The big disadvantage here is the loss of precision due to the high compressibility of gas compared to liquid. Because gases are highly compressible, they provide a buffer to changes in pressure commanded by the operator to move the piston in the cylinder. That poses two problems; first, it means that the pneumatic cylinder doesn't respond instantly to pressure differentials, because the differential must first overcome the cylinder gasket's static friction. Second, it means that the movement of the cylinder is more easily opposed as long as whatever force opposes the gas pressure can overcome said pressure without causing whatever the pneumatic system is controlling to fail.
To overcome these shortcomings, most pneumatic systems run at very high pressures, so that the pressure differential between the two halves of the cylinder readily overcomes static friction and any other opposing forces. However, that creates another precision problem; high-pressure pneumatic cylinders are essentially two-state systems; the piston or actuator is typically at one or the other of its extremes of movement, and transitions between them very quickly as gas pressure is applied to one side or other of the cylinder.
None of these behaviors are desirable for aircraft controls; instructors labor daily to teach their students not to ham-fist the controls, instead using a bit of finesse to get the plane to do what they want in a smooth, controlled fashion. Why then, would you want to undo all that finesse with a control system that can only move the surface to the extremes of its travel?
Hydraulics, by contrast, allow a much higher degree of finesse. Because liquids don't readily change density, the pressure changes within a hydraulic cylinder require much more force to oppose, but by the same token, as the volume changes the pressure on the side being supplied with fluid decreases rapidly. This allows a hydraulic cylinder to be positioned much more accurately, regardless of any external forces acting on the system. The disadvantage is hauling a fairly heavy liquid up into the air, and having only limited capacity to replace it if any of it leaks.
Electrical actuators are a common solution to that disadvantage, especiually in light aircraft. Electrical actuators use an electric motor or servo to provide the mechanical action. These actuators can be controlled with a high degree of precision, and their "supply system" is just an electrical circuit, no heavy and complex hydraulic lines and cylinders. Their disadvantages are a tradeoff between speed of movement and maximum applied force while moving; you can either make an actuator that moves very quickly, or an actuator that will move no matter how much force is opposing the movement, but you really can't do both. They're still useful in light aircraft to control flaps (with a cable system used for the main surfaces), because they allow for precise amounts of extension or retraction, and don't have to instantly respond to input like the primary control surfaces do.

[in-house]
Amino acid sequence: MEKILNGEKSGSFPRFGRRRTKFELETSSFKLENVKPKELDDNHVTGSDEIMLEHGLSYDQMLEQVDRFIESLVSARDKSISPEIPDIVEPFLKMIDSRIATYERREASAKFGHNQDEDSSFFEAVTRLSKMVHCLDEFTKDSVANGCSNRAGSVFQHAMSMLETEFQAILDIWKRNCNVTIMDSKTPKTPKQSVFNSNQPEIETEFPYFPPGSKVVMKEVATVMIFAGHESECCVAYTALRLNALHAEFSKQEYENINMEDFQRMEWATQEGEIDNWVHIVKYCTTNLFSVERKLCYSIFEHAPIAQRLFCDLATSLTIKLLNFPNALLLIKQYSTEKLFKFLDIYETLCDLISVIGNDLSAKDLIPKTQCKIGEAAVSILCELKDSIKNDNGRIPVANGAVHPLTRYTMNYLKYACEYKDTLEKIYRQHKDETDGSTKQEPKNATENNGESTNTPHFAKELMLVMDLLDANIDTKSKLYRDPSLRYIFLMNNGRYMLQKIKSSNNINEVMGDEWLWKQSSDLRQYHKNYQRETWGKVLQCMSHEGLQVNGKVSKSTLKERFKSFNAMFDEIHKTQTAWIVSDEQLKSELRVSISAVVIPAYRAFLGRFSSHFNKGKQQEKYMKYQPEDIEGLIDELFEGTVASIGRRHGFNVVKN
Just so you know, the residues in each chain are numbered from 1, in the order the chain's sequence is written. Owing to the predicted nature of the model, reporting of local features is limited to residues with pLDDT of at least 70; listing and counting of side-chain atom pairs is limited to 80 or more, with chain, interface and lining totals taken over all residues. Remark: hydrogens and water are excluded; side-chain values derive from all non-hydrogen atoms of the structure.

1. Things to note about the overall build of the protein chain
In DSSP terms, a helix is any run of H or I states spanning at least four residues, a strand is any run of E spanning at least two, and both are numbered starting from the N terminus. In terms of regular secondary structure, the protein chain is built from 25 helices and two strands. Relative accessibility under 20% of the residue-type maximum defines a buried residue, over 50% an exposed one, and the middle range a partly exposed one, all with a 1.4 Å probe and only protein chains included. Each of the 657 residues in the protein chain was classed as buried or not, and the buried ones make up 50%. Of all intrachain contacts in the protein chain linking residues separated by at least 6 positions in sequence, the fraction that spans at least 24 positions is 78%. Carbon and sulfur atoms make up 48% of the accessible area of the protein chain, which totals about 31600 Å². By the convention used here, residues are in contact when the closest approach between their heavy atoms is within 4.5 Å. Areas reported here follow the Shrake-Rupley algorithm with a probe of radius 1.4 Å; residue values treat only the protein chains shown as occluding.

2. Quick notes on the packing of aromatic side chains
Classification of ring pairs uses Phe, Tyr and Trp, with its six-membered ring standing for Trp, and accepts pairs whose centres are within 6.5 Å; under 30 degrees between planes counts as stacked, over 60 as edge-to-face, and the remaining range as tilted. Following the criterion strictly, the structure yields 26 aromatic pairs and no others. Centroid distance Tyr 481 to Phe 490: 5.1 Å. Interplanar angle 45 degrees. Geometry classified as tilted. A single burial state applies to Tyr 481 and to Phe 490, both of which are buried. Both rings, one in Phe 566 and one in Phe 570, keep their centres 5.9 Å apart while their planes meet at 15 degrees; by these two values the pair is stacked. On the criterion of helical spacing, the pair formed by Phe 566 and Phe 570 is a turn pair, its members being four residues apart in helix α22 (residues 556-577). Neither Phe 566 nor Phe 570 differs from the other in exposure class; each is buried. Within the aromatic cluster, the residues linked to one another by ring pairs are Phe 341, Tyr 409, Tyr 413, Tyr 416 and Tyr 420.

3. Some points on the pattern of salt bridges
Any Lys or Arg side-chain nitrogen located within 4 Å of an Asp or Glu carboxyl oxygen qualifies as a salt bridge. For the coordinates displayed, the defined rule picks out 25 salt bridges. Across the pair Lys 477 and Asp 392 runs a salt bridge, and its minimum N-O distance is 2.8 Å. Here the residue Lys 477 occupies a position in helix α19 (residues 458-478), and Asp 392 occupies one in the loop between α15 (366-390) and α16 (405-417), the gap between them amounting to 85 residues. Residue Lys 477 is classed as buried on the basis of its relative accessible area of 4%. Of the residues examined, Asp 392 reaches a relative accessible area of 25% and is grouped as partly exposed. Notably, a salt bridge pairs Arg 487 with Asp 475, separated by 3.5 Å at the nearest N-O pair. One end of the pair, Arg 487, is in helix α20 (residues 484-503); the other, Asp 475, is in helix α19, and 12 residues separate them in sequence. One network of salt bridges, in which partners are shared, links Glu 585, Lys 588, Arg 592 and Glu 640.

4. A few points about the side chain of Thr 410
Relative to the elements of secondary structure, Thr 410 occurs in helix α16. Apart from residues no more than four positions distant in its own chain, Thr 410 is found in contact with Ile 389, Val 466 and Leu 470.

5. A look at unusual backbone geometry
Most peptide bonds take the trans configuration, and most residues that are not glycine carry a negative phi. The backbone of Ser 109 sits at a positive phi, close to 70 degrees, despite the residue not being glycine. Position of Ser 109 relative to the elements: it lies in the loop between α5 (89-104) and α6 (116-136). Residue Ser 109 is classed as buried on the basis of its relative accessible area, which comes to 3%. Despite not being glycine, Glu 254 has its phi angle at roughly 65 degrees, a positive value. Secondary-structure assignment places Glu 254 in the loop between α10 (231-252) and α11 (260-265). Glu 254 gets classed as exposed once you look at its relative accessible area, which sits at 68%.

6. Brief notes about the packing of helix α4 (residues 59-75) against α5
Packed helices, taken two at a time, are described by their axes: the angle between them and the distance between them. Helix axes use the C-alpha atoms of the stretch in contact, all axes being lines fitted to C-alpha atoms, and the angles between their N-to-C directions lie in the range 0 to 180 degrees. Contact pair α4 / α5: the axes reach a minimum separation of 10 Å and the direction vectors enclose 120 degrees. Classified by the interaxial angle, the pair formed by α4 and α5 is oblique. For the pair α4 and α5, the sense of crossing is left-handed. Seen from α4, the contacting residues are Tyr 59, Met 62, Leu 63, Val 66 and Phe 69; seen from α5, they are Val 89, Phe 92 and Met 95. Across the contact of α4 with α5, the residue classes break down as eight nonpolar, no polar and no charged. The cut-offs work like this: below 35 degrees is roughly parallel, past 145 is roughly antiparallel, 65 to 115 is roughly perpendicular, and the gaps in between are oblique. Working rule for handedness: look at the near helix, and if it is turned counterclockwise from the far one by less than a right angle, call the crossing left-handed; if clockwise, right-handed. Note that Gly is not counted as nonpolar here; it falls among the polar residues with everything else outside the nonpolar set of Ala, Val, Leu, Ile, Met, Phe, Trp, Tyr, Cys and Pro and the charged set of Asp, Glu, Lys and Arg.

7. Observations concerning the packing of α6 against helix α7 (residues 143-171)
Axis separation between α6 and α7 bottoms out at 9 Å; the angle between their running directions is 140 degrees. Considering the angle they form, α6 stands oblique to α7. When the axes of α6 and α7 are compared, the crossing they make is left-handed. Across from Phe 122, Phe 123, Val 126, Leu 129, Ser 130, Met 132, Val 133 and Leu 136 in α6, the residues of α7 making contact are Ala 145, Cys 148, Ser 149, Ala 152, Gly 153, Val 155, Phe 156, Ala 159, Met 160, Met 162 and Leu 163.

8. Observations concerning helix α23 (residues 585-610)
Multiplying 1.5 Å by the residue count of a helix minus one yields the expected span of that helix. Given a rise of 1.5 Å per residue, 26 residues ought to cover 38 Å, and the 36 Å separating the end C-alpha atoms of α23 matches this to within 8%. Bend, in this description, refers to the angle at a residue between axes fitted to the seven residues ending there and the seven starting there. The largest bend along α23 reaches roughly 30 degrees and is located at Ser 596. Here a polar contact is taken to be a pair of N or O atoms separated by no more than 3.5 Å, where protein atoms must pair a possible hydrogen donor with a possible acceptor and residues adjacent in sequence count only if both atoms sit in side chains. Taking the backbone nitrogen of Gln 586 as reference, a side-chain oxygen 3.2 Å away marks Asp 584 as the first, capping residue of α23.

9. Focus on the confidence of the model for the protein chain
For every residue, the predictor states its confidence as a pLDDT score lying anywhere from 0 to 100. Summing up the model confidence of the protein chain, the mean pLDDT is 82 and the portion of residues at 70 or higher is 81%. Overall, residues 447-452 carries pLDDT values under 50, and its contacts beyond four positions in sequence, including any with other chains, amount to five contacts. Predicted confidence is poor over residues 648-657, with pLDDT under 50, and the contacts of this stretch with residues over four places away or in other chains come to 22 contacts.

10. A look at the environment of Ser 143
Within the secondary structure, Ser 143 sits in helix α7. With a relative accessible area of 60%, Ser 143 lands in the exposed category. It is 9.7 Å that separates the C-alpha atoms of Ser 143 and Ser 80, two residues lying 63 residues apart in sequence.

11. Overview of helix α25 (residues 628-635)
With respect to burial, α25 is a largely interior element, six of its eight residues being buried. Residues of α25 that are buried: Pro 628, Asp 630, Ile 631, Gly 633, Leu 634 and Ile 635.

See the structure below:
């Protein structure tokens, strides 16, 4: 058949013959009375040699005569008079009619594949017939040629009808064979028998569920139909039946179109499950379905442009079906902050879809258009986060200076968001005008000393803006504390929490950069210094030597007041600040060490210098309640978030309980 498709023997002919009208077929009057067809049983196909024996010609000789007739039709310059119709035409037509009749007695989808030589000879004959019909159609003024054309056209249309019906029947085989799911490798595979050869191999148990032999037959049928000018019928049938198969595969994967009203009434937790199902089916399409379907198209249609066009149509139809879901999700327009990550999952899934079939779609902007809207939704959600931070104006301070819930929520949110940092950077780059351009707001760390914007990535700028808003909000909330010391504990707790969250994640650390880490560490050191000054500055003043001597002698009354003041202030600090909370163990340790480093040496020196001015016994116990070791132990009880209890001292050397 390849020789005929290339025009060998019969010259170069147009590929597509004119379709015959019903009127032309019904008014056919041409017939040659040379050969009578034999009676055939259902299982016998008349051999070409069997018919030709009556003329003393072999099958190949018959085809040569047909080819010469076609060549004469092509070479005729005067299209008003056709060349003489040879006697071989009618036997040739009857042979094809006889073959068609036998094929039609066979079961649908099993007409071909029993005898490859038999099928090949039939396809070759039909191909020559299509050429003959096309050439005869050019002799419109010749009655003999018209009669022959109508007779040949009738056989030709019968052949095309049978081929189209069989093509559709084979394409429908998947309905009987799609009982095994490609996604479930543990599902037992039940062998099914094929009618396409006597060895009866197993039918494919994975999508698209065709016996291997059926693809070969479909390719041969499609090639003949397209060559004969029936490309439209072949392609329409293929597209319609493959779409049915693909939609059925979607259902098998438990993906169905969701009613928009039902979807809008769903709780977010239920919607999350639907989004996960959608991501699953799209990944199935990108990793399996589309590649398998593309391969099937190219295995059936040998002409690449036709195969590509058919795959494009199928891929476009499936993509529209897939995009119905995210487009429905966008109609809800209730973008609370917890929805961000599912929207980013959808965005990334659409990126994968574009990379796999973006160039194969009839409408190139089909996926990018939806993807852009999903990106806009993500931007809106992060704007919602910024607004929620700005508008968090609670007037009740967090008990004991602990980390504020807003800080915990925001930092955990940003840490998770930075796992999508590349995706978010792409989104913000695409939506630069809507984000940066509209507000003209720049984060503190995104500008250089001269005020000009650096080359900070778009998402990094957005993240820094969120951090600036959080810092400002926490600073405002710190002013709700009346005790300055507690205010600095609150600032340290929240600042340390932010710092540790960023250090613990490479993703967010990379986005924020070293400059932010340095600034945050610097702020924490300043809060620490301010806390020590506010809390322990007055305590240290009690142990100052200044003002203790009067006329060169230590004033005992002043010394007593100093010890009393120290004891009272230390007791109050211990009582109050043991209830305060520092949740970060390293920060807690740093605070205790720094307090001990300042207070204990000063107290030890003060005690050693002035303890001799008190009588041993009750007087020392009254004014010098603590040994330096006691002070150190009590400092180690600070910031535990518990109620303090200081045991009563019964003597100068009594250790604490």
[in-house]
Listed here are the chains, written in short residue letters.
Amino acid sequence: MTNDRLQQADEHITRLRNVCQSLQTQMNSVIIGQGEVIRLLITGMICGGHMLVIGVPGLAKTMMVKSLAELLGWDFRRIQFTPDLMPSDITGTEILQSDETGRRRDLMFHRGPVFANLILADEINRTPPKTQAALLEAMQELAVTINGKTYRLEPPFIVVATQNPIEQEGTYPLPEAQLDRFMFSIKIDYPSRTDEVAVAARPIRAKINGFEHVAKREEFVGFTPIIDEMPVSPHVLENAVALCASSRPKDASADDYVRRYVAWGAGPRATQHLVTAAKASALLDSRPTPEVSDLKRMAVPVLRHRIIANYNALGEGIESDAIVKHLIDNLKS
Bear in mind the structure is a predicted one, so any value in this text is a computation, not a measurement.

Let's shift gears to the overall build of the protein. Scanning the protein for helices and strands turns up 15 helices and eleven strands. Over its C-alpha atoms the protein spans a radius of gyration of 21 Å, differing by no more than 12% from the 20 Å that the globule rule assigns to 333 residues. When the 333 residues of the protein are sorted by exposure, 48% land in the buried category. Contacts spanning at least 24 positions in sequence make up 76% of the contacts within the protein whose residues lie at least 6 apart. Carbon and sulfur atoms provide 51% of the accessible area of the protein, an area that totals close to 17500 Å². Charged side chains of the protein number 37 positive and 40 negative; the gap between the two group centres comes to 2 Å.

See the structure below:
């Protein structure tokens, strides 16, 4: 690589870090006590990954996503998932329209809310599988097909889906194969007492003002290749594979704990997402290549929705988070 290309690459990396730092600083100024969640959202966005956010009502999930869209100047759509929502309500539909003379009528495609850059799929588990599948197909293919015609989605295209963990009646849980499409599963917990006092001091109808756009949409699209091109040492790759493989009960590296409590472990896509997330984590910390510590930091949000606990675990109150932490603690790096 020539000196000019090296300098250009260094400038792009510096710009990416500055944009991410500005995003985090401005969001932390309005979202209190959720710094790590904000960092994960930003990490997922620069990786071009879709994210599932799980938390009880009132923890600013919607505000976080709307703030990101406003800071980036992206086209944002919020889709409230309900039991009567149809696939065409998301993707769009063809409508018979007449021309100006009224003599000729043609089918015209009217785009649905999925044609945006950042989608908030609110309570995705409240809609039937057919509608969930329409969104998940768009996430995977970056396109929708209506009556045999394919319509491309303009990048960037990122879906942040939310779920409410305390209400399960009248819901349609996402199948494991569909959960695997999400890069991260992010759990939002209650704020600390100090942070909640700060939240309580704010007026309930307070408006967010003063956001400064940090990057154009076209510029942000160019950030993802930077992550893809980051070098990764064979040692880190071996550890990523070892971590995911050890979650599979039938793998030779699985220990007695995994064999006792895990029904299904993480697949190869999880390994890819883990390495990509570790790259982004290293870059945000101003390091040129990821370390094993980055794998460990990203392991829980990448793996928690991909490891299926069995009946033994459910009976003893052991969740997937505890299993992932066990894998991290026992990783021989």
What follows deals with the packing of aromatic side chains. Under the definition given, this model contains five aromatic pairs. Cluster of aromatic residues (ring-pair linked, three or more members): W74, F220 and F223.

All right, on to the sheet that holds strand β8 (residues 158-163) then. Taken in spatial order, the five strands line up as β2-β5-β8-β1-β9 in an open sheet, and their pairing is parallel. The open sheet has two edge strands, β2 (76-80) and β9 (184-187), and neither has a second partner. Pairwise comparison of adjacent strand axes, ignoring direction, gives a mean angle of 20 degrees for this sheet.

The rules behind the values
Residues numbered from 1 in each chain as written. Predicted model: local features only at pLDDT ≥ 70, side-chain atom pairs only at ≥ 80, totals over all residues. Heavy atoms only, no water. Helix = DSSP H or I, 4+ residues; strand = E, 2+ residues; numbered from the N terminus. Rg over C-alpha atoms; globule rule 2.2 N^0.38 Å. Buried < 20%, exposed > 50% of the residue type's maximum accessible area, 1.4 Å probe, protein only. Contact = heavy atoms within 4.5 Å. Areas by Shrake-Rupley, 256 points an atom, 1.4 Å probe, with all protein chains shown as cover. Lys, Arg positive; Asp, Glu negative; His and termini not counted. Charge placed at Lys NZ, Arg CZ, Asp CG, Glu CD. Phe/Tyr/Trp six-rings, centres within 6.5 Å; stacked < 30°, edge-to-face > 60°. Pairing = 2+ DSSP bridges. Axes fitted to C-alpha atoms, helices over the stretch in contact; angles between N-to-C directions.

There is something on the horizon that could make pneumatics feasible for aircraft. Hydraulics systems were recently improved with the development of the electrohydraulic servo valve. This system uses a variable electrical potential (voltage) to move a hydraulic cylinder by a prescribed amount proportional to the voltage applied. Pure electrical servos have been around for decades, but the maximum amount of force available from a servo is insufficient for large airliners, while for smaller aircraft the servo motor's relatively high weight compared to simple cable controls is a disadvantage. The electrohydraulic servovalve concept is used in newer large aircraft to replace pure hydraulic or cable/hydraulic hybrid control systems, because the hydraulic system can now be controlled by an electrical circuit instead of hydraulic lines or tensioned cables coupled to the control column. This allows for "fly-by-wire" aircraft such as most Airbus airliners as well as most fighter jet designs of the last 40 years.
A similar concept is under development for pneumatics, allowing the precise placement of an actuator using pressurized gas in response to an electrical voltage. This would provide all the advantages of an electrohydraulic system, with considerably lighter weight and faster response, but still having the disadvantage that a significant opposing force could prevent movement of the actuator especially as it approaches the desired position. Whether that will be an issue in a large aircraft remains to be seen, and the weight savings of losing the hydraulic fluid might not be worth it, but if the tradeoff is acceptable, it would further increase range or payload of the next generation of passenger aircraft, with the added safety/reliability feature of being able to compensate for a slow leak in a pneumatic system by simply adding more air with a compressor pump.